Joanne's Journal - Thursday, September 28, 2017
On the morning of Wednesday, September 13th, many of us arrived on the Lebanon campus feeling a need to better connect with those colleagues with whom we spend most of our waking hours. We greeted each other at the door, and we thanked one another for jobs well done. Although the incident a day prior had left us collectively shaken, it also reminded us that the care we provide every day isn’t only for our patients, but also for each other. We must now build on that energy and understanding of who we are. I am committed to engaging the people we serve, and our colleagues. I know you are too.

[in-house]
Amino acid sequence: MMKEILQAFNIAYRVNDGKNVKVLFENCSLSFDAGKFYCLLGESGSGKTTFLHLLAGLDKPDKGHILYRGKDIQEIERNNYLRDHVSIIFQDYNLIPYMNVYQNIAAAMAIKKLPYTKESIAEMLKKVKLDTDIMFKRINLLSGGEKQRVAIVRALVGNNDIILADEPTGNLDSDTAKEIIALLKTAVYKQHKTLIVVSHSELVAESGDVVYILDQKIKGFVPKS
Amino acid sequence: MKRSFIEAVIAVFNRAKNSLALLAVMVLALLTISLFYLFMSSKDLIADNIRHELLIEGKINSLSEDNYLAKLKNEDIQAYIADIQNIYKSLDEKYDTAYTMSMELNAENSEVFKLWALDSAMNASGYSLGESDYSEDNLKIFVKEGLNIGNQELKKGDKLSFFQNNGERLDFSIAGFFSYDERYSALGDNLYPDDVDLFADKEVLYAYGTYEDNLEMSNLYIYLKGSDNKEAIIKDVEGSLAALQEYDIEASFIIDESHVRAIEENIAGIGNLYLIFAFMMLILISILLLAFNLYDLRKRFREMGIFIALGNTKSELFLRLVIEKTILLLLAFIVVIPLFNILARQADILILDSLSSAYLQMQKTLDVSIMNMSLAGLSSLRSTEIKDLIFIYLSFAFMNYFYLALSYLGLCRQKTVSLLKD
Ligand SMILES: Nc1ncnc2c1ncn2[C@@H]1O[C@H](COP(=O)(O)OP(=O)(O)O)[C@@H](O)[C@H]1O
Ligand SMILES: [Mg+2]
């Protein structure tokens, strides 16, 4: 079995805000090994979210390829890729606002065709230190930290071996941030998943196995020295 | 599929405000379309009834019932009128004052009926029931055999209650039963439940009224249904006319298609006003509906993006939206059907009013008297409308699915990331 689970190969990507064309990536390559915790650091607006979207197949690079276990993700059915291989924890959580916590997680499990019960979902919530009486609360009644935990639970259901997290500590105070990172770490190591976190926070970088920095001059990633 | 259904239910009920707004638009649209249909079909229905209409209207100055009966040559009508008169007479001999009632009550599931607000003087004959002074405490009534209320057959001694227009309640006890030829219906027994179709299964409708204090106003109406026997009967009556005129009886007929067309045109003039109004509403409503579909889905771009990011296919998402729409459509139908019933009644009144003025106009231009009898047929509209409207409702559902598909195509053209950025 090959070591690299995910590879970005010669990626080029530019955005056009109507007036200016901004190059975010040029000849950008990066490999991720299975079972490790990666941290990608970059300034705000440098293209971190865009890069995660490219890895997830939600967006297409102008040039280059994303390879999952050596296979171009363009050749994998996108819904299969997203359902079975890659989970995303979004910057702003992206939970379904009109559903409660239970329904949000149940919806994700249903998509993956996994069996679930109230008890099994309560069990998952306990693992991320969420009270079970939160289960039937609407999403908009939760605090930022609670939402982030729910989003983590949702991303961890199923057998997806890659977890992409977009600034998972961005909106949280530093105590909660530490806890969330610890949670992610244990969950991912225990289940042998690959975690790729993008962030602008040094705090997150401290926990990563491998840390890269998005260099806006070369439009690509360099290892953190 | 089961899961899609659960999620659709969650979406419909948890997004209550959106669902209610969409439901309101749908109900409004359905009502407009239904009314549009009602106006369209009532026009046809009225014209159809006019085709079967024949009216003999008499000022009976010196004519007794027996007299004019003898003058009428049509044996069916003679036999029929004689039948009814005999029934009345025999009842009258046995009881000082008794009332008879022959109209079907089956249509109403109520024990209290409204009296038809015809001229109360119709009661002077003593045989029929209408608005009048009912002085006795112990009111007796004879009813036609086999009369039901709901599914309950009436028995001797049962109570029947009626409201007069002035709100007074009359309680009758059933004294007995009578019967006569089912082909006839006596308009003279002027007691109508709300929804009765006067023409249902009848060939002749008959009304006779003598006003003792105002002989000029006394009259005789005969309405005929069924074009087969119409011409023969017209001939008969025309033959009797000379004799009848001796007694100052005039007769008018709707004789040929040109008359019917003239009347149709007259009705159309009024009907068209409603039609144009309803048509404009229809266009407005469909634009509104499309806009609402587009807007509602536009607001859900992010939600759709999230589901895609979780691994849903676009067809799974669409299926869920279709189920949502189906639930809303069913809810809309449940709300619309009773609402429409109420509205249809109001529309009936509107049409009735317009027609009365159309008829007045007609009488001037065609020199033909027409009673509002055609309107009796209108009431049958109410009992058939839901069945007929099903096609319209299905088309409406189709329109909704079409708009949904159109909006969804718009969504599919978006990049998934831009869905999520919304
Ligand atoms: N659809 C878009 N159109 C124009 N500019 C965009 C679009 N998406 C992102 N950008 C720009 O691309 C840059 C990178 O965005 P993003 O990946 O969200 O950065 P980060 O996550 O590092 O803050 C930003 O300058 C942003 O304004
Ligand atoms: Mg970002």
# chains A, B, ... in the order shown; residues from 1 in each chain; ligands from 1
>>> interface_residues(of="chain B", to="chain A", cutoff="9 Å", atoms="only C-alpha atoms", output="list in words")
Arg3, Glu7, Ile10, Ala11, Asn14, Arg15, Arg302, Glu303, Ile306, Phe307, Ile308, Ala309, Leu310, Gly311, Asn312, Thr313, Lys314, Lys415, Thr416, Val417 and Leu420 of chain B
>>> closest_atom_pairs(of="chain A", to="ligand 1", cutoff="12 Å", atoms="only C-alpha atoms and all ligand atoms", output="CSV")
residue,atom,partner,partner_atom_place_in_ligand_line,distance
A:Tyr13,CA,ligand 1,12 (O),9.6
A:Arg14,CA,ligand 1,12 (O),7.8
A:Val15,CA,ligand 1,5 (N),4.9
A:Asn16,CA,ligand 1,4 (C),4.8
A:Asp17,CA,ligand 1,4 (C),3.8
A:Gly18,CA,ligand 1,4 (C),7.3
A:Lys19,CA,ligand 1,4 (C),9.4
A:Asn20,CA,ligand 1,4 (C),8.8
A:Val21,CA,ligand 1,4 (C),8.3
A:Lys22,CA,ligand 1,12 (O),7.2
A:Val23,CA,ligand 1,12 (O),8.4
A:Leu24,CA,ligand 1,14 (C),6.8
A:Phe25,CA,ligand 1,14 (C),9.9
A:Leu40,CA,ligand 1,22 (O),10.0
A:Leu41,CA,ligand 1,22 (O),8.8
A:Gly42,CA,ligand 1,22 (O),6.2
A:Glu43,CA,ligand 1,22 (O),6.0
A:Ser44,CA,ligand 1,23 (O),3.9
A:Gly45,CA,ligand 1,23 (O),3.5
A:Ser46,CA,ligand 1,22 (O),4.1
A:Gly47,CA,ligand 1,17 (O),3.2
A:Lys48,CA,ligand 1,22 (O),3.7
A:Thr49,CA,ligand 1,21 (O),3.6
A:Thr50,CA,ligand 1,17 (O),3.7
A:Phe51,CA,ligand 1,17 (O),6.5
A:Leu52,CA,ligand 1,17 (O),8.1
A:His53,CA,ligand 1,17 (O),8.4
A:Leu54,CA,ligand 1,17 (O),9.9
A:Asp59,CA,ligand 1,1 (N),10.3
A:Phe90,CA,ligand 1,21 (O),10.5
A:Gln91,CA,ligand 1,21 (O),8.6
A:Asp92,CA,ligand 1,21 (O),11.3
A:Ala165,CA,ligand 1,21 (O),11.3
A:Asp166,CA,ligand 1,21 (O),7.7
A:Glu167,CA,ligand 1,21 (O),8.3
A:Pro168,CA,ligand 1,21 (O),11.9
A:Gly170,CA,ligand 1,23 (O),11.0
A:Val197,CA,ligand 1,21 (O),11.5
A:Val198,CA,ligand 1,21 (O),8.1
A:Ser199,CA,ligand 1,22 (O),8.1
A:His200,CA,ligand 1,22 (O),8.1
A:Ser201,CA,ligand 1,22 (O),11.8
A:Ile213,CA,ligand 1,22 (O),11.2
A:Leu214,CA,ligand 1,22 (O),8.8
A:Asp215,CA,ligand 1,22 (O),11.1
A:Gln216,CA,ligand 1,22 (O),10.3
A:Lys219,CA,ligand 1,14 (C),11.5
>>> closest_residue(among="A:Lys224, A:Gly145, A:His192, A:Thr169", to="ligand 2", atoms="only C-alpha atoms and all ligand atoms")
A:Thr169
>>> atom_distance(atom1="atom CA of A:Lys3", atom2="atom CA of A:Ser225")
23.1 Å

Earlier this week, I attended general orientation on the Lebanon campus. Carol Majewski, Director of the Office of Patient Experience, did a great job talking about the importance of eye contact, smiles and offering assistance to patients. That is an important driver of the patient experience, but “connecting with each other” is also a powerful driver of the employee experience. A great example of our employees engaging with each other and with our patients can be seen in the video in the first story below, which was featured at the Service Club Dinners – events that celebrate our employees’ years of service on the Lebanon campus. I guarantee it will make you smile.